HANDMADE, HOMEGROWN, AND ABSOLUTELY WILD CRITERIA

Our teams of residents-- farmers, artists, tourism and cultural leaders, merchants, and educators, developed guiding principles for sites in these trails to assure their quality.

Hours & Days of Operation
Our goal is to ensure that Sites are available to the traveling public for a minimum of 20-hours a week and a minimum of two consecutive days each week (preferably including one weekend day). Exceptions are for operations with very short life spans, such as festivals, annual events, tours, etc., that may be considered on an individual basis; and for other sites, such as an artist's or craftsperson's home studio/gallery, that may be available by appointment or reservation only.

Site Interpretation
Our goal is to ensure that Sites feature appropriate and interpretative, easy to understand signage, brochures, recorded presentations, and/or other instructional aides sufficiently effective to enhance the visitor’s experience. Sites may be staffed or not.

Authentic and Unique Site Content
Our goal is to be certain that Sites reflect a feature(s) that is authentic and unique to North Carolina or the region in which it is
located. What makes a Site unique?

a) Restaurants   A restaurant should meet five or more of the following:

  1. Shows local art on the walls/display cases and/or uses handcrafted items as tableware.

  2. Has interpretive materials that tells all about the arts on premises and/or the history of the place.

  3. Regularly has live music.

  4. Features locally grown produce.

  5. Offers a selection of North Carolina indigenous food.

  6. Serves North Carolina indigenous recipes.

  7. Has offerings authentic to the establishment.

  8. Is in an architecturally significant building.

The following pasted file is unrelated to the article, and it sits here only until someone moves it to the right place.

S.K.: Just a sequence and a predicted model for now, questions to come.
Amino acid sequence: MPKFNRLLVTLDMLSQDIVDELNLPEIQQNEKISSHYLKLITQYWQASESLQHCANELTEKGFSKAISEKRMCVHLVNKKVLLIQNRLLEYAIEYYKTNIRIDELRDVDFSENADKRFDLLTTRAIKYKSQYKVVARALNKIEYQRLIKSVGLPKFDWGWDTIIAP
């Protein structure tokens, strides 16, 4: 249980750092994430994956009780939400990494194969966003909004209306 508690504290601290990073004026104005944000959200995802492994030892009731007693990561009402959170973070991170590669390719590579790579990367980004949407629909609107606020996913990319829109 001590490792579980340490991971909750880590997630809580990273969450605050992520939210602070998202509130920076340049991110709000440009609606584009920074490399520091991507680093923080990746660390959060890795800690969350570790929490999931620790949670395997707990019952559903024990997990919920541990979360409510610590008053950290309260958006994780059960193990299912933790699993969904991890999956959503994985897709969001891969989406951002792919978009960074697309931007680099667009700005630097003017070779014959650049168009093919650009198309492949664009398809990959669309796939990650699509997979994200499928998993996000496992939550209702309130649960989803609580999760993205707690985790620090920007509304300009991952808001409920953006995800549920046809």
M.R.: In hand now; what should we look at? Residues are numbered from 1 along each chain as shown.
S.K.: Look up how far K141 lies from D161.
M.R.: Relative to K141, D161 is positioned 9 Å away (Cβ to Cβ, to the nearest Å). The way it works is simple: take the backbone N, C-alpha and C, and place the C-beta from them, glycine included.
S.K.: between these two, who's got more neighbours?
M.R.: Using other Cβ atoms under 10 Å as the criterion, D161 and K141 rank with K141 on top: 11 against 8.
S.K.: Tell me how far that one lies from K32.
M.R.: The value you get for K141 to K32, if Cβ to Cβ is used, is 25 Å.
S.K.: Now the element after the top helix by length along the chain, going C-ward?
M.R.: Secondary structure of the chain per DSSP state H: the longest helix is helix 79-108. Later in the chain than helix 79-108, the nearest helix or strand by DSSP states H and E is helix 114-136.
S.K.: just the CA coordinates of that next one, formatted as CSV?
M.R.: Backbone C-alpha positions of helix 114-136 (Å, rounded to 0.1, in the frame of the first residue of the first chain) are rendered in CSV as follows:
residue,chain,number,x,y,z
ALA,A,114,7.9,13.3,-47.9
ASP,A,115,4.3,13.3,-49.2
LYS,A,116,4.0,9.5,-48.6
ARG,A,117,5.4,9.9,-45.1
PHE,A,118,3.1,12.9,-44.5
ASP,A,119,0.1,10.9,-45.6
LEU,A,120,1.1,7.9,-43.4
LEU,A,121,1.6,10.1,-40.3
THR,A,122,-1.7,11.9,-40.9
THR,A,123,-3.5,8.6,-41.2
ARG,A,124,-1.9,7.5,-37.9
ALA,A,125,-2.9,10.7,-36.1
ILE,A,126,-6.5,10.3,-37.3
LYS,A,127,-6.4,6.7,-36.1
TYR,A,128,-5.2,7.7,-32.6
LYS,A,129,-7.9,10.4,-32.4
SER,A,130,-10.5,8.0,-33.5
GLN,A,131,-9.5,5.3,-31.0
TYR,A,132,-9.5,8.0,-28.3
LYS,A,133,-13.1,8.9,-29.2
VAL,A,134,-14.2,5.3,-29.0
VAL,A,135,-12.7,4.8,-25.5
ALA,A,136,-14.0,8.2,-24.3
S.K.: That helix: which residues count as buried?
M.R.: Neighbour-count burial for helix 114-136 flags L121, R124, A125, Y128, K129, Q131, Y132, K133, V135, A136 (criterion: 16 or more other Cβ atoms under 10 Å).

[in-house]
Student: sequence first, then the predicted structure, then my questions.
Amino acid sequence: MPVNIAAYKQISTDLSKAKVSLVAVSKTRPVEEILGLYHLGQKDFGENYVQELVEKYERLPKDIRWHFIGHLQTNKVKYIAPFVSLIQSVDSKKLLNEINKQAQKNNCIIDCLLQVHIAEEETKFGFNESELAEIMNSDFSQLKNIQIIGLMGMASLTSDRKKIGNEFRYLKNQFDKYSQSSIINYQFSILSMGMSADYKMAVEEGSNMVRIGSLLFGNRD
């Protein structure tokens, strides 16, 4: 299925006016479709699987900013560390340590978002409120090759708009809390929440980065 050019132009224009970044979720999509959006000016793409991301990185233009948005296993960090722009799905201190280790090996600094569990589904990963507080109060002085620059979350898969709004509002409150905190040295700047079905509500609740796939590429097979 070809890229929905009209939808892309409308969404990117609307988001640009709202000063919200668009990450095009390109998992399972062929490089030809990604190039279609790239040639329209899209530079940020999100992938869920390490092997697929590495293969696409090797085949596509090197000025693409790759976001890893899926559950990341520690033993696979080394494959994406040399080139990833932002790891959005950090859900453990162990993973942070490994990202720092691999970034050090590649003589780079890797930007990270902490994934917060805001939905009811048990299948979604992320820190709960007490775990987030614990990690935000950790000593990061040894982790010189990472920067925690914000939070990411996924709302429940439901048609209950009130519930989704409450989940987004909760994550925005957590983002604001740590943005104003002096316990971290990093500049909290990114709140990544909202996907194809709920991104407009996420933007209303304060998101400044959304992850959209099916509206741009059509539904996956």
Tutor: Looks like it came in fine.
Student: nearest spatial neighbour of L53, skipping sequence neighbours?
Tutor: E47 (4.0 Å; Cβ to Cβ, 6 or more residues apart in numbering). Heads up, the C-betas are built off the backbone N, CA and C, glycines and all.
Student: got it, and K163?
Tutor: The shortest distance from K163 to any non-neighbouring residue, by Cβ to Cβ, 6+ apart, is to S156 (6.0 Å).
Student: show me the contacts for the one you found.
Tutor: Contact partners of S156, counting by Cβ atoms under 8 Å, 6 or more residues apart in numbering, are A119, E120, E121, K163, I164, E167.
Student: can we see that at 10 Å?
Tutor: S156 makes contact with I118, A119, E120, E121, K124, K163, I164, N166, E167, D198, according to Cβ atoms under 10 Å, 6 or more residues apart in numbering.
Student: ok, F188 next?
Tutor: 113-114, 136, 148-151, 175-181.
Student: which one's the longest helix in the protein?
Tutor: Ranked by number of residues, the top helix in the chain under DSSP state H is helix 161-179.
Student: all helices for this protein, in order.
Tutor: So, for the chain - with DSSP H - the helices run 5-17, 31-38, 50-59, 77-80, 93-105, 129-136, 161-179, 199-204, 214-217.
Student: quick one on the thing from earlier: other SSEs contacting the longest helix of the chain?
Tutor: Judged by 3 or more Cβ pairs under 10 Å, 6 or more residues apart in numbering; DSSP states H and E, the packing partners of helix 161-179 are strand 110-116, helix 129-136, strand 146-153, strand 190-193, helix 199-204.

9. Is popular with locals.

  10. Has a unique, authentic regional claim to fame, such as "NC's oldest restaurant."

No restaurant will be considered as a Trail Site if it features a
current Health Inspection of less than “A”.

b) Farms   Our goal is to highlight those that combine agriculture and the arts. A “pick-your-own” fruit farm may be unique to the region or County. Or, there may be many such farms in any given area. There may be craft items offered for sale or such a farm may feature photography classes. In addition, the farm may feature hayrides, a ”learn-how-to-grow” program, an on-site bed & breakfast, or some other value attractive to tourists.

c) Art Galleries   Our goal is to feature galleries and other art
locations that display regularly the original works of North Carolina artists and/or produce exciting, interesting, exhibits and/or events that are authentic to North Carolina regions.

d) Retail Stores   We want to ensure that the retail stores on our Trails offer a significant proportion of North Carolina products. Conversely, shops that feature imports would not be included.

e) Bed and Breakfasts/Inns  We want to ensure that B&Bs/Inns have a connection to Arts and authentic NC Culture and heritage.

High Appeal Sites
Our goal is to promote what makes living in North Carolina a unique experience. As such, our Sites will reflect a flavor of homegrown, handmade, and absolutely wild products, events, and sites unique and authentic to our State. In addition, there will be an element of high quality and a sense of heritage and history in our Trails.

Cleanliness, Safety, Accessibility and Signage
All sites must be clean and free of threats to human health and safety.

For physically challenged visitors, all indoor Sites must be ADA
compliant. Sites providing outdoor experiences should show that
attention has been given to handicapped individuals even if it involves giving notice that a particular activity is not conducive to their safety. This is similar to an amusement ride that requires riders to meet or exceed a minimal height requirement. Another example involves white water rafting firms that must deny services to individuals with disability so great that their participation would pose an unacceptable threat their life or the safety of fellow rafters. Conversely, if the Site has paved (not gravel) walks that make it easier for wheelchairs or walkers then it should indicate that feature to visitors.

It is important for tourists to see unobstructed, easy to read signage that directs them to Sites. It is expected that this will be the case for a majority of Sites. However, for Sites in development, some allowance should be made to these criteria. In any event, developing Sites must share their plans to meet signage requirements with project representatives.

Ours is a new project and as we continue we expect there will be
modifications as we hear from you!

We appreciate your comment and feedback. Contact David Potorti, Arts Tourism Manager at david.potorti@ncmail.net

 

 

 

 
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